Sarah's Reviews > Desert Solitaire

Desert Solitaire by Edward Abbey
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's review
Mar 28, 2012

it was amazing
bookshelves: environment-animals, top-ten

Browsing through dusty shelves at Ken Sanders Rare Books, I’ve found many an old gem; this is one of those exquisite discoveries. Now on my official top-ten favorite reads list, Desert Solitaire is poetic and utterly melancholic. As Abbey describes the vast and lonely beauty of Utah’s southernmost deserts, I am reminded with a heavy heart that these once-remote and pristinely wild areas are now mostly paved, plastered with human waste, and exposed to the inevitable destruction of tire and tread.

Abbey called it- even in 1968, he could clearly see the bulldozers and vehicle-bound tourists charging their way through every wilderness protection program and preservation law in the books. He was sadly correct in his doomsday predictions. Indeed, he may have been one of the last human beings to walk the dusty, utterly natural desert paths and camp, alone, underneath the vast expanse of Utah’s desert sky.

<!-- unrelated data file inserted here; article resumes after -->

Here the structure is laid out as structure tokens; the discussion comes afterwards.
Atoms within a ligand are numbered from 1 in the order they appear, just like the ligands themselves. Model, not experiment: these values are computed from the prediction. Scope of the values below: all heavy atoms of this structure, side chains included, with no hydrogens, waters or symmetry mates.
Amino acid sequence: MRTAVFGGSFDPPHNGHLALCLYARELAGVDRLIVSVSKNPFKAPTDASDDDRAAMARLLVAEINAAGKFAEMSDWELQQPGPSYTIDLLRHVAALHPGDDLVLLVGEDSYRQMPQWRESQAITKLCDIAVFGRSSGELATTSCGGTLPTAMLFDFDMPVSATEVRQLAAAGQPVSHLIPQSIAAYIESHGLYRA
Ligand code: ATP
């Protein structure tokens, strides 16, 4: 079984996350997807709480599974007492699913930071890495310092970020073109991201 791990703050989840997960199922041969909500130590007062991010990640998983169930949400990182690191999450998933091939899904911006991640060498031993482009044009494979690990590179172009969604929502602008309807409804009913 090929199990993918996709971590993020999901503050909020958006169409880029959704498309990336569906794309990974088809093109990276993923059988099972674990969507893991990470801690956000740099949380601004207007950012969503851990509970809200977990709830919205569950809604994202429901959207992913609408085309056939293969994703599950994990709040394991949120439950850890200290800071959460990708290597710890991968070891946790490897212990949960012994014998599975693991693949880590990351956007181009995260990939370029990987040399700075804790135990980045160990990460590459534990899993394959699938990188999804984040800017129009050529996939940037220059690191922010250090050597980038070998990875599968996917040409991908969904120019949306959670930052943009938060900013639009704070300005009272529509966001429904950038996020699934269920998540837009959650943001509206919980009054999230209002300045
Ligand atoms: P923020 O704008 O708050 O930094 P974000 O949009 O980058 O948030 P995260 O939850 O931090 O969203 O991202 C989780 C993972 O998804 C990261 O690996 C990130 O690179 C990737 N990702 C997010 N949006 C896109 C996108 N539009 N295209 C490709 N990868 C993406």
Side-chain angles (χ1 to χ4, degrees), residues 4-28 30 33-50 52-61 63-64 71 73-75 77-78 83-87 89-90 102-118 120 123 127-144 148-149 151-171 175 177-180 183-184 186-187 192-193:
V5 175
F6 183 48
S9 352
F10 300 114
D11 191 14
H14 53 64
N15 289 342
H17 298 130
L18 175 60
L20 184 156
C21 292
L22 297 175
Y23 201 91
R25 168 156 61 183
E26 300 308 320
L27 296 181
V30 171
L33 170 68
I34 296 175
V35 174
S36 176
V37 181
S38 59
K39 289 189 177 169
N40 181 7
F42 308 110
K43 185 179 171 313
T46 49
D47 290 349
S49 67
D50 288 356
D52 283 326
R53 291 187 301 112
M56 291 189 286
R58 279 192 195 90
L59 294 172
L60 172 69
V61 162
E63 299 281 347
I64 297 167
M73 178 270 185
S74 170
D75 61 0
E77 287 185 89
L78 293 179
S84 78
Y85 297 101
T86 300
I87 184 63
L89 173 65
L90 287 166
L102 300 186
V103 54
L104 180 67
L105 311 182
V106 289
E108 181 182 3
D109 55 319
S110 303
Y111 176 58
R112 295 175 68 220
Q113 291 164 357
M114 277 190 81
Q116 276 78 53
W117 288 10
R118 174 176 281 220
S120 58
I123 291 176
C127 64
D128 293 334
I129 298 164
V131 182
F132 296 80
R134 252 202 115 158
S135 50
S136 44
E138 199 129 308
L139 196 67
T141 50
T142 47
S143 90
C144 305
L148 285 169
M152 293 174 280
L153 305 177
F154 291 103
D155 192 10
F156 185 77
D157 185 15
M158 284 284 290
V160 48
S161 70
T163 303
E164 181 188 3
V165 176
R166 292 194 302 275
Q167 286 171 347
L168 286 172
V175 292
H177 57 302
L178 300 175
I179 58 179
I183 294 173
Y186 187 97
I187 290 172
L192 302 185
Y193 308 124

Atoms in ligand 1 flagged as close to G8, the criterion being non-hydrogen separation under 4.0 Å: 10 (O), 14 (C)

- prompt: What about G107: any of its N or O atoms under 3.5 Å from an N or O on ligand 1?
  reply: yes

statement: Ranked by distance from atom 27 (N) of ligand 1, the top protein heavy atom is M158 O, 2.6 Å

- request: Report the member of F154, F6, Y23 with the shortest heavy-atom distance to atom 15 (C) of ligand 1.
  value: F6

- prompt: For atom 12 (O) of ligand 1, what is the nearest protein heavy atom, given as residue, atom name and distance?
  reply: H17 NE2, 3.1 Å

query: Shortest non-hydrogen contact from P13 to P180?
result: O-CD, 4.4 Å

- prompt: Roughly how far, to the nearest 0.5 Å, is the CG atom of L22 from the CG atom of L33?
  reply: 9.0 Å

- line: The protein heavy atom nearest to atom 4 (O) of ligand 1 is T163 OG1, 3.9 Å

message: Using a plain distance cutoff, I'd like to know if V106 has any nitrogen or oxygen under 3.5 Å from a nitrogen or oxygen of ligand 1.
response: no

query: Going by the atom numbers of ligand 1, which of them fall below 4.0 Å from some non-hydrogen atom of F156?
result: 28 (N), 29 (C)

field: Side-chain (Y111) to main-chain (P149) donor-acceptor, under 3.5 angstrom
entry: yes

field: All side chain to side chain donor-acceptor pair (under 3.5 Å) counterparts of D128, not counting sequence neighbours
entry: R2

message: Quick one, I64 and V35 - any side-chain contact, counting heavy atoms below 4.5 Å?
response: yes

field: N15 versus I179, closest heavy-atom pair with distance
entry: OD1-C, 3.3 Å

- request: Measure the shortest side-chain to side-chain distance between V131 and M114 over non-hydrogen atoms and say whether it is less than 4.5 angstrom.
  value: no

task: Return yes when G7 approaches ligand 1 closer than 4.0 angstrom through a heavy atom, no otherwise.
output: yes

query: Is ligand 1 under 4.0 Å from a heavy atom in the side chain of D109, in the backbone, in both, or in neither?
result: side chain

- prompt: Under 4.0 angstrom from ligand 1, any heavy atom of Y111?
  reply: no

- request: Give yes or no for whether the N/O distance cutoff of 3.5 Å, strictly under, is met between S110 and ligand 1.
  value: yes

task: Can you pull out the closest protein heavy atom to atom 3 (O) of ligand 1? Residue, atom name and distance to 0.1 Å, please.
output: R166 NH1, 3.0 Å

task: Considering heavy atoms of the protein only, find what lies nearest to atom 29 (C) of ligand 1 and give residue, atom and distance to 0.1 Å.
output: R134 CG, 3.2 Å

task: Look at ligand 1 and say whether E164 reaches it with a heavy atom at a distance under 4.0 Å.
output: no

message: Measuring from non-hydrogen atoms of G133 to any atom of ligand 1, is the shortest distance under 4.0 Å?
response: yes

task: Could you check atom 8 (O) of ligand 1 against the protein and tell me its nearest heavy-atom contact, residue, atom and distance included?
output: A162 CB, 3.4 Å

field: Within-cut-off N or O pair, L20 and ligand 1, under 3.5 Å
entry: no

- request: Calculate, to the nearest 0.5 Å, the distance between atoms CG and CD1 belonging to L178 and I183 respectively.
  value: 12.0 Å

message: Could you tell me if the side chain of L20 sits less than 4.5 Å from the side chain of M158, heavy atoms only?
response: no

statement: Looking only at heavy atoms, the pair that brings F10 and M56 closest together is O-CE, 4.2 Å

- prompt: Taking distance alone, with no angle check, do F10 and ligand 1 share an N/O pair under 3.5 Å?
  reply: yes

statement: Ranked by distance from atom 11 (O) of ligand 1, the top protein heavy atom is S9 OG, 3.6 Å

This book is at once a call to arms to protect what wilderness we have left, and a poignant eulogy for a desert that was once wild and beautiful and free.
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Comments (showing 1-2 of 2) (2 new)

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message 1: by Lena (new)

Lena English This is my dads all-time favorite book. He has like 8 copies of it. I have never read it, but I guess its good!

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